Catherine Ashton, the EU's high representative for foreign affairs and security policy, said the EU will emphasize close coordination with the African Union. (European Union)
BRUSSELS — European Union foreign ministers agreed Jan. 20 on the principle of a military operation in the Central African Republic, under the EU’s Common Foreign and Security Policy. The mission would work in conjunction with ongoing operations by France and the African Union.
“The military force would thereby contribute, within its area of operations, to international and regional efforts to protect the populations most at risk and would contribute to the free movement of civilians. All these efforts will create the conditions that are required in order to provide humanitarian aid for those who need it,” the foreign ministers said in a statement.
However, they stressed that the operation must be based on a United Nations Security Council resolution, and noted that establishing the operation will require a further council decision.
“Today, ministers agreed to a crisis management concept for the operation,” said Catherine Ashton, the EU’s high representative for foreign affairs and security policy, in a news conference. “It would work in the capital Bangui area for up to six months to assist existing international efforts in the protection of the people.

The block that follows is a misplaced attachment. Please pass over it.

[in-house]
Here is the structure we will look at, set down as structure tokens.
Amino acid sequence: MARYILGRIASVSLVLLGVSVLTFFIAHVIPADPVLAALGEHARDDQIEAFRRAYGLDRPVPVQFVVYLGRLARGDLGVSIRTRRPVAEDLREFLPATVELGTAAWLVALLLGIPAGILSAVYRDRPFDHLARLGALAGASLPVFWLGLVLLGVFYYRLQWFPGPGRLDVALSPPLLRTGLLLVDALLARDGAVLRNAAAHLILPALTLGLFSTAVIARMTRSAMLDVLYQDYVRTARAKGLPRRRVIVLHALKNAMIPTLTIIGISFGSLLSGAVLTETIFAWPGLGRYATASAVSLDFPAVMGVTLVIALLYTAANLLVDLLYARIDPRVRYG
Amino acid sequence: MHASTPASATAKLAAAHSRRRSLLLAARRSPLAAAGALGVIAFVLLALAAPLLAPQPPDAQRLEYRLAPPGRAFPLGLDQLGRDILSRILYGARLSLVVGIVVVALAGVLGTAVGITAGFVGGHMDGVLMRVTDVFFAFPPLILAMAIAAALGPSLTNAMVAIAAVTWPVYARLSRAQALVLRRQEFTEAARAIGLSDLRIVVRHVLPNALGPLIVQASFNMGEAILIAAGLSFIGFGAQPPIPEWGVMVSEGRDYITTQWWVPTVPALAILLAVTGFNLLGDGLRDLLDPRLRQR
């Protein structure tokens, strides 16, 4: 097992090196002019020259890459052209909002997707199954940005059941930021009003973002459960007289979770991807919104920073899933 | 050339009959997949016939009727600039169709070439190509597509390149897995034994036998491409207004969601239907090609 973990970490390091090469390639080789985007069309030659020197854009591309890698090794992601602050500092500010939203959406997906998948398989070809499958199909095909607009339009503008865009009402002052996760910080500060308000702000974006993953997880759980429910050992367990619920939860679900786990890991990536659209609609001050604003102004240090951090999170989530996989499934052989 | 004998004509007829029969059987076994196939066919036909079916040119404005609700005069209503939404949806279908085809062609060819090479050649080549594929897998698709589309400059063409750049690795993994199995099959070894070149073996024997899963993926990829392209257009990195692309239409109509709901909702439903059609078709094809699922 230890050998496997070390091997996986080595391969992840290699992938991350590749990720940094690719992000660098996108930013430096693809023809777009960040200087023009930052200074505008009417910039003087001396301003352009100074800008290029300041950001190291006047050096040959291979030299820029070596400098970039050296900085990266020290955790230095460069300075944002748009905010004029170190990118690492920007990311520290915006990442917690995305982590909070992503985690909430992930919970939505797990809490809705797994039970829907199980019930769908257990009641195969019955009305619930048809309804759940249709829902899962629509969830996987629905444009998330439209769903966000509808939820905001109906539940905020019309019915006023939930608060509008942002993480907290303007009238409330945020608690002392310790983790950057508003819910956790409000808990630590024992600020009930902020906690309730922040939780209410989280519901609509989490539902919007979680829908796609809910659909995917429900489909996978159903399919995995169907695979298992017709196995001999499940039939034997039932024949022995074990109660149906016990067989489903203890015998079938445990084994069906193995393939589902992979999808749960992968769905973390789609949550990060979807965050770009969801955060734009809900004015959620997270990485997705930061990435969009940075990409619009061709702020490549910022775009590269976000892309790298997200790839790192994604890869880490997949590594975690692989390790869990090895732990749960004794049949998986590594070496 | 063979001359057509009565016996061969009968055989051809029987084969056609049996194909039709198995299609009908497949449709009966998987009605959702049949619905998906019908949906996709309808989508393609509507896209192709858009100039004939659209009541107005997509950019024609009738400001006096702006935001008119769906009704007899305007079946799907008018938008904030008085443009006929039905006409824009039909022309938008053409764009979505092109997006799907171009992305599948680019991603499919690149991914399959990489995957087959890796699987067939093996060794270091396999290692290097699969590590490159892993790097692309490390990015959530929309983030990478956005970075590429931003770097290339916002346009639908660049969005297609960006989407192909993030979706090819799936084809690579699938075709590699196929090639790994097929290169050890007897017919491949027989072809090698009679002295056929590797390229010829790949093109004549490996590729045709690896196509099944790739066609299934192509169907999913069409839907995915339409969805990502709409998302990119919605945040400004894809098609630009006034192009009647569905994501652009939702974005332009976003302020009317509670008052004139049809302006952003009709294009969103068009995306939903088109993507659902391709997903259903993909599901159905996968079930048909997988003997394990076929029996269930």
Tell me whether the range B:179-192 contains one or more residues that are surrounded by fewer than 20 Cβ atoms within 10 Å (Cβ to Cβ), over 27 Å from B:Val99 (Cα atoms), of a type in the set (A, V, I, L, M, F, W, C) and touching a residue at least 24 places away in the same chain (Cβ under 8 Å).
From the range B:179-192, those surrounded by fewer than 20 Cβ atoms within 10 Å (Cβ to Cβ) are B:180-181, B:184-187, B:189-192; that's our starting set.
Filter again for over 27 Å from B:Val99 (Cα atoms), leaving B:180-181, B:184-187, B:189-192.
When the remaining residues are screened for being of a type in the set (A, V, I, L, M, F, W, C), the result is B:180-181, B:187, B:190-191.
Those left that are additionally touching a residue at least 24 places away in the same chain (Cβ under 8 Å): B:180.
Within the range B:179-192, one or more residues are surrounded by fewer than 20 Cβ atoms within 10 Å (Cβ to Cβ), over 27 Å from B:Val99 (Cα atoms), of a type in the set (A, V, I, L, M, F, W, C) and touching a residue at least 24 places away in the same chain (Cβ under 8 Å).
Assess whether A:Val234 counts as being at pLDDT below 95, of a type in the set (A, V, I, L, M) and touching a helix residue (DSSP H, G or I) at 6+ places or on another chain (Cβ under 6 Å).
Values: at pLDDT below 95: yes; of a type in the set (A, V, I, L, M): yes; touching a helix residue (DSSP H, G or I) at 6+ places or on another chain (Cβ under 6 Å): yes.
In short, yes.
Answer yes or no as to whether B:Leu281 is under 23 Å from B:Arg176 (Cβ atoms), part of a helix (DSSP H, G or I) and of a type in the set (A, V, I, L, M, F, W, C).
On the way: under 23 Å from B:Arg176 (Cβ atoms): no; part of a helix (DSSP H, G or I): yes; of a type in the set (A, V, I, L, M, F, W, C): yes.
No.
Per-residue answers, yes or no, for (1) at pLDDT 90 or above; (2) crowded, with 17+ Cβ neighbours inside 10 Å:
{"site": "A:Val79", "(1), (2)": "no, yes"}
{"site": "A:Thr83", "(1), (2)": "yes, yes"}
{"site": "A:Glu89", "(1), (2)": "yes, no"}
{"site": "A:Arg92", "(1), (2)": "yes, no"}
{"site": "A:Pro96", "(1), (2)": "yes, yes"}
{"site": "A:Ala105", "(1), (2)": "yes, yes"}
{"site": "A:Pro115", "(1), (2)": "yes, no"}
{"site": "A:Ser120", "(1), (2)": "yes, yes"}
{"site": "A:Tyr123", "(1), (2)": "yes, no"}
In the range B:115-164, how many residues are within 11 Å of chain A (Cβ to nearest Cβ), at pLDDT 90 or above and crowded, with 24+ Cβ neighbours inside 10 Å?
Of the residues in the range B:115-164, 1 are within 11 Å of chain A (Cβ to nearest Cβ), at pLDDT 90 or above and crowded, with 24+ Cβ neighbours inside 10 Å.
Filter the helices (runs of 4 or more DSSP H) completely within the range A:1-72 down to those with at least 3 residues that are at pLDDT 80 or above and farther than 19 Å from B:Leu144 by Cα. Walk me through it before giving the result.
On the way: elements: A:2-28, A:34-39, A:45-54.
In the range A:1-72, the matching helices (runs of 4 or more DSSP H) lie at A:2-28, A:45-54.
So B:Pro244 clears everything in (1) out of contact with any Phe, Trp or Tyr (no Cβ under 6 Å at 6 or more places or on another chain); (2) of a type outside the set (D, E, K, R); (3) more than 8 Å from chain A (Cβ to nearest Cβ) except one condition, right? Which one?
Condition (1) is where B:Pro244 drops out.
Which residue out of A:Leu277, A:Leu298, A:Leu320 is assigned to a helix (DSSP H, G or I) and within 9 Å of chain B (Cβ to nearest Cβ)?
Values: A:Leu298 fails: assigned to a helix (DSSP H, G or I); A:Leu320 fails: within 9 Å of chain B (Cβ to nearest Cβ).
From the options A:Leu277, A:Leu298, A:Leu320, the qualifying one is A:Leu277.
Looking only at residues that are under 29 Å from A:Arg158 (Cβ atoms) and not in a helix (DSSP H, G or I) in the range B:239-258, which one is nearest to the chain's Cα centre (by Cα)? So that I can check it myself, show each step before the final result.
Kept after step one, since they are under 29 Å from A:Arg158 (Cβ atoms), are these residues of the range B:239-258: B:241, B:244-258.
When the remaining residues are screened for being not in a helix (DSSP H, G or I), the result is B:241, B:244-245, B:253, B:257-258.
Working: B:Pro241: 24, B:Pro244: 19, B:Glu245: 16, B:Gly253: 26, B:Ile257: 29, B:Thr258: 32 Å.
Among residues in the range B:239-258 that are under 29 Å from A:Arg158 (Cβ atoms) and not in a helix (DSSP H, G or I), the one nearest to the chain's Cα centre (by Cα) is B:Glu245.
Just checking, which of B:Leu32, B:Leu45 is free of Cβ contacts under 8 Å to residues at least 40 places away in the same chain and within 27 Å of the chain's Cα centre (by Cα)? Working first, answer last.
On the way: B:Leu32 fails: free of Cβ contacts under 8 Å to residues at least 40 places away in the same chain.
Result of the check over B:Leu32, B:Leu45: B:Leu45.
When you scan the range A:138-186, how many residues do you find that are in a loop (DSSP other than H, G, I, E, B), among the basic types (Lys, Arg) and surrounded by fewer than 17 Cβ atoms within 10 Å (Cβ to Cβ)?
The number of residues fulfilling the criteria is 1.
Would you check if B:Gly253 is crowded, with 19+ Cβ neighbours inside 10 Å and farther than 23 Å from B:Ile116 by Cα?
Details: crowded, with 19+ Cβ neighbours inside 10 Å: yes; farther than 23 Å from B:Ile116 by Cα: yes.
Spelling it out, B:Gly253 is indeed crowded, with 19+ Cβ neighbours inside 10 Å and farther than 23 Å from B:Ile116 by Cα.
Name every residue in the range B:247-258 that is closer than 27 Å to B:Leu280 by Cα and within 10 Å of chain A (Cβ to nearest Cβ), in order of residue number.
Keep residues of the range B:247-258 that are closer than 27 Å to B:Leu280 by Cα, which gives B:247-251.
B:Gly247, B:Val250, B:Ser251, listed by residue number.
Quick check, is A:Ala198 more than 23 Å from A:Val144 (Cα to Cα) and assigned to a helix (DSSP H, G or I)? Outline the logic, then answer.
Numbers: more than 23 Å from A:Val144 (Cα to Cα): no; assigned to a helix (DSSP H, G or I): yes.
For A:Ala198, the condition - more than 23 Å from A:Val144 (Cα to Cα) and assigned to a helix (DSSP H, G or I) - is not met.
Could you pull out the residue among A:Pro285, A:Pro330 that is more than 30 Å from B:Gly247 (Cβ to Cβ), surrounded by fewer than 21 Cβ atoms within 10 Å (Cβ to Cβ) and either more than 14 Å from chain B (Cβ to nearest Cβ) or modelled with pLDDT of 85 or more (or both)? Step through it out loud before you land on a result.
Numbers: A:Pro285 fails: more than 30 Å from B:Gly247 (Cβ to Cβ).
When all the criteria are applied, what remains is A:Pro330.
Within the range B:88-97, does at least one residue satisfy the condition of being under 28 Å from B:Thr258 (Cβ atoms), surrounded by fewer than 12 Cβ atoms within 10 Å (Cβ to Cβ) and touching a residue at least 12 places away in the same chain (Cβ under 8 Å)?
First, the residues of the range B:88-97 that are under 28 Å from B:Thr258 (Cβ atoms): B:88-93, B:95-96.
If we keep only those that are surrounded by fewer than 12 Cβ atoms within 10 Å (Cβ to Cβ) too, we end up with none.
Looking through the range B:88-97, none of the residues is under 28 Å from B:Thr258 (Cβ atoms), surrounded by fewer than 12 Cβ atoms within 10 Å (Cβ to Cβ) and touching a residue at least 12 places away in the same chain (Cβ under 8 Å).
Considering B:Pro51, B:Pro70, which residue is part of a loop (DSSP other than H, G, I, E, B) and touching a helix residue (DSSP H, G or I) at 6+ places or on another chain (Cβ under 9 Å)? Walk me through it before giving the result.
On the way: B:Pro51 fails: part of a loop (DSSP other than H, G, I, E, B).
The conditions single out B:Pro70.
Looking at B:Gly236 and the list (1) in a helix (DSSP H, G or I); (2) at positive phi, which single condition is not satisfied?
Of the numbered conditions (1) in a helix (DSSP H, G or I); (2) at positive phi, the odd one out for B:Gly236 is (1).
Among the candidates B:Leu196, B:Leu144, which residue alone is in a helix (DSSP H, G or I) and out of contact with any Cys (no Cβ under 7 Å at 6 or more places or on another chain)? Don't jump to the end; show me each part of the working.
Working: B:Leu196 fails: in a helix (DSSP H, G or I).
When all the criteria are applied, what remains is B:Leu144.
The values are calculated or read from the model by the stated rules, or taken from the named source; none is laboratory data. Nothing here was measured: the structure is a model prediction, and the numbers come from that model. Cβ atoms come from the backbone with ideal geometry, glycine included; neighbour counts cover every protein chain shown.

“We’re moving forward with operational planning under fast-track procedures,” she said. “Shortly, a team from the External Action Service will go to the region to ensure the closest possible coordination with our partners, in particular the African Union.”
“The operation will provide temporary support, for a period of up to six months, to help to achieve a secure environment in the Bangui area, with a view to handing over to the African Union,” the foreign ministers said. “This objective takes full account of UN Security Council Resolution 2127, and in particular of the possibility of MISCA [the African Union mission] being transformed into a UN peacekeeping operation.”
According to German Foreign Minister Frank-Walter Steinmeier, the question of what contributions would come from which EU member states was not the heart of the debate. He said he is planning to discuss Germany’s possible contribution with the German defense minister on Jan. 21 before heading to Paris for discussions with French colleagues. ■